Your doctor will talk with you about how active you’d like to be, and how the pain and lack of flexibility affect your daily life. He might recommend anti-inflammatories or give you a steroid shot that can ease pain and swelling for weeks or possibly months. In some cases, splints that protect your joints and keep you from overusing them can help. But wearing them too long can lead to muscle loss.

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liver spots
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Your Skin

We’ve all seen the “liver spots” -- or "age spots" -- that can show up after years in the sun. As your skin ages and wrinkles, it’s harder to keep moisture in, and that can lead to dry, itchy skin. Veins become more obvious with age because you lose soft tissue. This is especially true in your hands.

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woman gardening
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Your Skin: Treatment

Protect your hands against the sun’s rays with broad-spectrum sunscreen rated 30 SPF or higher. Wear cotton-lined gloves when you garden or clean, and choose a mild soap or cleanser that doesn’t strip your hands of their natural oils. Moisturizers and a healthy diet with plenty of vitamins, antioxidants, and omega-3 fatty acids also can help keep your skin and nails healthy.

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Skin Cancer

Over the years, the tops of your hands get lots of sun, which is a leading cause of this disease. A fair complexion, problems with your immune system, certain kinds of moles, and a family history of skin cancer can also raise your chances of having it.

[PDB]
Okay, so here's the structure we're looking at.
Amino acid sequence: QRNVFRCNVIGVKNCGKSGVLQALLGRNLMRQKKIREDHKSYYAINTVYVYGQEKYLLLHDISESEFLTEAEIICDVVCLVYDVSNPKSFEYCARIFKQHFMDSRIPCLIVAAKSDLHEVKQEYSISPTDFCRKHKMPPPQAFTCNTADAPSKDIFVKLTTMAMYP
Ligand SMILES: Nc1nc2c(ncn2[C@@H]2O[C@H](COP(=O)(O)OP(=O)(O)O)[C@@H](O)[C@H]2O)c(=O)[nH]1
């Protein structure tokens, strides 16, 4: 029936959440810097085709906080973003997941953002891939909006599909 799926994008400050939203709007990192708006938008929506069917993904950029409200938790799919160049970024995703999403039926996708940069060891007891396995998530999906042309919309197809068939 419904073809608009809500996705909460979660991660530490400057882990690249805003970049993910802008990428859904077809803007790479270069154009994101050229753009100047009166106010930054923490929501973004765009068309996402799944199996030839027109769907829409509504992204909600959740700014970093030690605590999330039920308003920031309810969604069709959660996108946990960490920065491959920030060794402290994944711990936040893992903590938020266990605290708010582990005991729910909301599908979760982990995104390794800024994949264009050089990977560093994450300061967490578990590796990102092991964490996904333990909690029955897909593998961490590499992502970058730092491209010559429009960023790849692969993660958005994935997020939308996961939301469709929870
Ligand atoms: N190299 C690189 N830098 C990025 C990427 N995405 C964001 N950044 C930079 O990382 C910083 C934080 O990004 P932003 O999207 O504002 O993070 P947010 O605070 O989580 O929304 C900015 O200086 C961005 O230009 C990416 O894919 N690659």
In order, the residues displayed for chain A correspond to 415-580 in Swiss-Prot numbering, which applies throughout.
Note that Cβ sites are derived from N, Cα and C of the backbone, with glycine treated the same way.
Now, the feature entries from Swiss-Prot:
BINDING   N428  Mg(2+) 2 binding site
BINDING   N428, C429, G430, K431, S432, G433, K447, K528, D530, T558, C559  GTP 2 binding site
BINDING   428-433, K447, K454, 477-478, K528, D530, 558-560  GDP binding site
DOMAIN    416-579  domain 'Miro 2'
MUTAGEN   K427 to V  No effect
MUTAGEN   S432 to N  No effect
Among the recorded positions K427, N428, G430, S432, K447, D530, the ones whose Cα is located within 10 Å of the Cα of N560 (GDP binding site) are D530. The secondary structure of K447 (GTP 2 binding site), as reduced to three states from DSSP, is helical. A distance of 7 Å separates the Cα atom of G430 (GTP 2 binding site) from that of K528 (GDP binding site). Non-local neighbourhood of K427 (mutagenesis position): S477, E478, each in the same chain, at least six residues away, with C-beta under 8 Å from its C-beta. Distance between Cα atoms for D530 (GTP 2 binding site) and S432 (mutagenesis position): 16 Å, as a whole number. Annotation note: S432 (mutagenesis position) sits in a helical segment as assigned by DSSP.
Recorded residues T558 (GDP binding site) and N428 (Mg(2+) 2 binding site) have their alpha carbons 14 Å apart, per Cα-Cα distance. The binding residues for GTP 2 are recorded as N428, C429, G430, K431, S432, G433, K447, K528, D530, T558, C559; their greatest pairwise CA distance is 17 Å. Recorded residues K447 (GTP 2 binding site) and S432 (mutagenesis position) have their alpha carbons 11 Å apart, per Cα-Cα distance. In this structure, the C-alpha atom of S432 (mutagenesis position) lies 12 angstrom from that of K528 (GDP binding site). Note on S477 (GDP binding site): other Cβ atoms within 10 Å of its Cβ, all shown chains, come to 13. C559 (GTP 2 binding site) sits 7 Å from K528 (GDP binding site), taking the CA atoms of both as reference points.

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hand examination
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Skin Cancer: Diagnosis and Treatment

A dermatologist (a doctor who specializes in skin care) can check any unusual spots and teach you what to look for. If she finds skin cancer, you’ll need surgery to take out the cancer cells. You also may have radiation or chemotherapy to kill any that are left to keep them from spreading.

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Bruising

When it’s on the back of your hands and arms, doctors call it “purpura.” A light knock can cause it, and it’s more common on thin, wrinkled, or sun-damaged older skin. You’re also more likely to bruise if you take drugs like aspirin or other blood thinners, or drink alcohol often. It starts as blotches of red that turn purple, then darken and fade. It doesn’t usually hurt, but it can last longer than a normal bruise, often a few weeks.

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Bruising: Treatment

Protect your hands and arms when you think they’re in the line of fire: Special sleeves can help with this, or your doctor might suggest a cream or lotion to keep your skin from bruising or help make your skin thicker. If you take blood thinners and think they’re causing the bruises, talk with him about possibly changing your medication or the amount you take.